The history of the P-40 is vast. Starting with the P-36/Hawk, the P-40 evolved into a first rate-fighting machine. However, it was outclassed in the early to mid part of World War 2, but soldiered on long after.
The VVS was the third largest user of the P-40. Via Lend Lease, a total of approximately 2600 P-40's reached the Soviet Union. It served with distinction on every front, but never reached the level of distinction the P-39 did. In fact, the type disappeared quickly from front line service, being relegated to the PVO, or air defense squadrons. During the early part of the war they were stretched so thin that the type as a whole - again unlike the P-39 - didn't make any lasting contribution to the war effort. In the VVS eyes, it was considered a "medium" aircraft: better than the I-15's and I-16's, but not as good as the P-39, Yaks or Lavochkins.
The Academy P-40M/N consists of 51 injected molded parts, with an additional sprue of 8 injected clear parts. The model is exquisitely molded, and the detail is very fine and crisp. Comparing it with its Hasegawa cousin, the Academy offers more in terms of cockpit and wheel well detail. In addition, it is the only injected kit I know of that builds into the P-40M.
Decals consist of 3 schemes: an American aircraft from the 74th Squadron, in China, 1944; an RAAF bird from No.80 Squadron, New Guinea, 1945; and one RAF machine of No.112 Squadron, Sicily, 1943.
Naturally construction starts with the cockpit. I decided to try one
of the Eduard "Zoom" sets, so I purchased the one for this kit.
The Eduard Zoom set consists of 27 photoetch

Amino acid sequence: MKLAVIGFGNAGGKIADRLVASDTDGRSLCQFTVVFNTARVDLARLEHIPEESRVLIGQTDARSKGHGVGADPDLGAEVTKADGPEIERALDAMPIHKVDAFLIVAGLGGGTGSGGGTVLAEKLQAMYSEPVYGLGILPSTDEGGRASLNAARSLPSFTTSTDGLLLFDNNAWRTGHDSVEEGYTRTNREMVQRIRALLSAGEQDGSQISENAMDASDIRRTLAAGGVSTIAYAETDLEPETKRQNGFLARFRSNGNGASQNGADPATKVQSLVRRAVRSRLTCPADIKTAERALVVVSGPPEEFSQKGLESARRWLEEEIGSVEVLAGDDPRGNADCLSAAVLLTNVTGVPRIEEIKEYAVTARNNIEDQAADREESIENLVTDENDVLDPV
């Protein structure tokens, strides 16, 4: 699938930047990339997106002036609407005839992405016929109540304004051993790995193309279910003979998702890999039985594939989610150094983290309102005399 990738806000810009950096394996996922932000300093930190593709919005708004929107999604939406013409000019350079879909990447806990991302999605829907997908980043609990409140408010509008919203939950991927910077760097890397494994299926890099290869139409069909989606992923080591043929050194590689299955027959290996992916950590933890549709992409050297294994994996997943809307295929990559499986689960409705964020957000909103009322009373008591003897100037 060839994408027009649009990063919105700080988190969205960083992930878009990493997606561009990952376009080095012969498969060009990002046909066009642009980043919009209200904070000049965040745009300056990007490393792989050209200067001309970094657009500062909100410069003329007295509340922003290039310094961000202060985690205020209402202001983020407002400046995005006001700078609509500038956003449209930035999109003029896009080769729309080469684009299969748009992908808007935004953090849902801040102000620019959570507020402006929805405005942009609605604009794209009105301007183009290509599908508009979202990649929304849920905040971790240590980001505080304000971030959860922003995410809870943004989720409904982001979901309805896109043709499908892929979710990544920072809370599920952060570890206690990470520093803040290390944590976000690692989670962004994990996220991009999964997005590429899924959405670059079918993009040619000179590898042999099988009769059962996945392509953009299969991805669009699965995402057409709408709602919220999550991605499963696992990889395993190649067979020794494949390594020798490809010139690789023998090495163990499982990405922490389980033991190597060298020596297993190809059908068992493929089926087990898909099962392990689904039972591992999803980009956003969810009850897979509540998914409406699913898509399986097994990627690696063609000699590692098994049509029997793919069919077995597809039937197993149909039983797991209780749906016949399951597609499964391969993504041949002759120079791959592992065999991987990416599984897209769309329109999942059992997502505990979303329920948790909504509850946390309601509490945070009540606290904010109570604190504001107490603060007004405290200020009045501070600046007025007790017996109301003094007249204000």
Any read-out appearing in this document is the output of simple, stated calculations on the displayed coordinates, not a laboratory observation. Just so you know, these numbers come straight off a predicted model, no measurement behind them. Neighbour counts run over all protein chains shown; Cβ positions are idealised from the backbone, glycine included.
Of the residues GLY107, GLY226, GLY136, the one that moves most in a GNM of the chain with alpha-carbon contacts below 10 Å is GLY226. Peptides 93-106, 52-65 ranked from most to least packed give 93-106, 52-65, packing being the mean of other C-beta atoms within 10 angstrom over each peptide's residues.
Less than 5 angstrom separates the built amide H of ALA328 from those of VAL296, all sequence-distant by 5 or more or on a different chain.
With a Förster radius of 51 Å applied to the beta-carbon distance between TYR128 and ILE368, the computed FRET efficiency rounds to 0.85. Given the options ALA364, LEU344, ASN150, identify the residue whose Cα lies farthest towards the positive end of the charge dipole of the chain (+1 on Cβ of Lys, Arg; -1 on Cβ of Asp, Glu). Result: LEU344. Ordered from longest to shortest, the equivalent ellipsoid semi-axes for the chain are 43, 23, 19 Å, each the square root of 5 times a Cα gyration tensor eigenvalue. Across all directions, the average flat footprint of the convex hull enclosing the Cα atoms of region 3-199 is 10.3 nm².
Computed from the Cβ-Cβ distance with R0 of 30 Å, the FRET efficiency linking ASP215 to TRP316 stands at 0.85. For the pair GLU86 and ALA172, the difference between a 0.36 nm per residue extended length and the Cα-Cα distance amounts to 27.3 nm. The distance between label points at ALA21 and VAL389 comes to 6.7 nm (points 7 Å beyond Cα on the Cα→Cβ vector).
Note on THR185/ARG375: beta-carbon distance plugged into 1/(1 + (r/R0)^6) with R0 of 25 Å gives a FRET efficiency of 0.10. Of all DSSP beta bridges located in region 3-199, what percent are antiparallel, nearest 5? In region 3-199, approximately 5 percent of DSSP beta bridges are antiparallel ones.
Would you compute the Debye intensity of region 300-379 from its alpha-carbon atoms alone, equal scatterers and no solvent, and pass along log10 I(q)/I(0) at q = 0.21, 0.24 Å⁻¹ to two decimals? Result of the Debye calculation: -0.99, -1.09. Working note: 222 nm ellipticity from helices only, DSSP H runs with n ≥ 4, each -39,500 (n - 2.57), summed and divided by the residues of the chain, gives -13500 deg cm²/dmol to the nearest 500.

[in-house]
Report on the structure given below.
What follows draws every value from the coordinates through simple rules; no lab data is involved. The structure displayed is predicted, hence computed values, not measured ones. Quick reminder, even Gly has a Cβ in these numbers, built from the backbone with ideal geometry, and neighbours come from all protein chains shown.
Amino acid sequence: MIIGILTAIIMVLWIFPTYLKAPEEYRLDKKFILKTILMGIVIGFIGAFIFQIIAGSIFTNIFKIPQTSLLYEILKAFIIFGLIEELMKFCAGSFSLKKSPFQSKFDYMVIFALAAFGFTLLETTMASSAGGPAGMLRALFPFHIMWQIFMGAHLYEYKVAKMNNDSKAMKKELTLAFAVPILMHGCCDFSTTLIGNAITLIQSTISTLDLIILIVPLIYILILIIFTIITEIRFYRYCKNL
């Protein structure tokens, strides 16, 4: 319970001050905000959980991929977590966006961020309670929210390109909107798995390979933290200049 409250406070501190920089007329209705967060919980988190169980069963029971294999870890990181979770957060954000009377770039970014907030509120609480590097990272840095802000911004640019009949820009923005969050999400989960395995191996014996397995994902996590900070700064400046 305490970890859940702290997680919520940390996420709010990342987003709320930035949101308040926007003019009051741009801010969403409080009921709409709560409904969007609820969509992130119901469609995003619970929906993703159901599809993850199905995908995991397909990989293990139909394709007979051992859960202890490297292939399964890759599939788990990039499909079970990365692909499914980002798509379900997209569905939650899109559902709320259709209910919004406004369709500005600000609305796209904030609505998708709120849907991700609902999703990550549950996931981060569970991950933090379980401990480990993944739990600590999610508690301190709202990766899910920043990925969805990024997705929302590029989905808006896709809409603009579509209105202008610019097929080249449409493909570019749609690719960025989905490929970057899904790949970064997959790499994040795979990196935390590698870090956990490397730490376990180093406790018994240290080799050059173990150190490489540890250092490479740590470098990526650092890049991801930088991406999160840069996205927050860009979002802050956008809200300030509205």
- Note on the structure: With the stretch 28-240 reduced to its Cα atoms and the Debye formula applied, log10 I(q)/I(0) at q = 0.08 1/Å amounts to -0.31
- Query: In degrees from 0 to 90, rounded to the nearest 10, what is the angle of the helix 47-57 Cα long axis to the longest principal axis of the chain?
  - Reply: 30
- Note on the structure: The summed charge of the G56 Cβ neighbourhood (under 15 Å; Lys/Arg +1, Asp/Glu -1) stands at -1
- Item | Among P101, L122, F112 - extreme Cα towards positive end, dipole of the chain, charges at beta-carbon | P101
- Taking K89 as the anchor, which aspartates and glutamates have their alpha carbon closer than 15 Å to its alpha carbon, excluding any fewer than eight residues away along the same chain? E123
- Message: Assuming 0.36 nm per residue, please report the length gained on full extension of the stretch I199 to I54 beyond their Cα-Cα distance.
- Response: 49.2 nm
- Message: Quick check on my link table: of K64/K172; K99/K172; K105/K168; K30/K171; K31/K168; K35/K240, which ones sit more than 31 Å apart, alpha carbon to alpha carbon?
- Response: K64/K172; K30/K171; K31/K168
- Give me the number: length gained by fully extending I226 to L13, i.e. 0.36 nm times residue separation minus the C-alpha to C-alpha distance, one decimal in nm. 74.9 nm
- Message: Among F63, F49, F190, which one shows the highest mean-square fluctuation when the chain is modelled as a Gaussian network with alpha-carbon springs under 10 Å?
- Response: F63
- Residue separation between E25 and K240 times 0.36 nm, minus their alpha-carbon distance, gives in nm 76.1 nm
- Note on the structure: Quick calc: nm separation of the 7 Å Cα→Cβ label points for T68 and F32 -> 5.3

pieces and a piece of film for the two different instrument panels. The
set also consists of seat belts; a couple of other smaller items for the
cockpit including a throttle quadrant; torque linkages for the landing
gear; replacement hood for under the windscreen; and (very nicely done)
underside cowl flaps. Once the smaller Zoom items were added to the kit
cockpit, the entire cockpit was painted Interior Green and given an oil
wash. If you so desire, you can assemble the fuselage halves before
installing the cockpit since the cockpit can be glued in through the wing
cutout. This is what I did. I glued the fuselage halves together, added
the rear cockpit piece for the -M and then removed whatever seams there
were before installing the cockpit and the instrument panel.
one piece that wasn't a great fit was the -M rear fuselage piece. Dry
fitting is the key, but even so I ended up using some putty to remove
the seams. Once seam removal was finished the cockpit was added.
One important note before adding the lower portion of the wing. The "inlet" on the upper nose directly behind the spinner allows a "see-through" effect after the model is assembled. A piece of sheet plastic to block this from the inside is definitely a must.
In light of my experience with some of the Eastern European and CIS
kits, I decided to add the lower portion of the wing assembly to the fuselage
before adding the upper wing halves. Normally you would add the lower
wing halves to the top portion before gluing the whole assembly to the
fuselage. With some
of the "non-mainstream" kits, it's easier to add the underside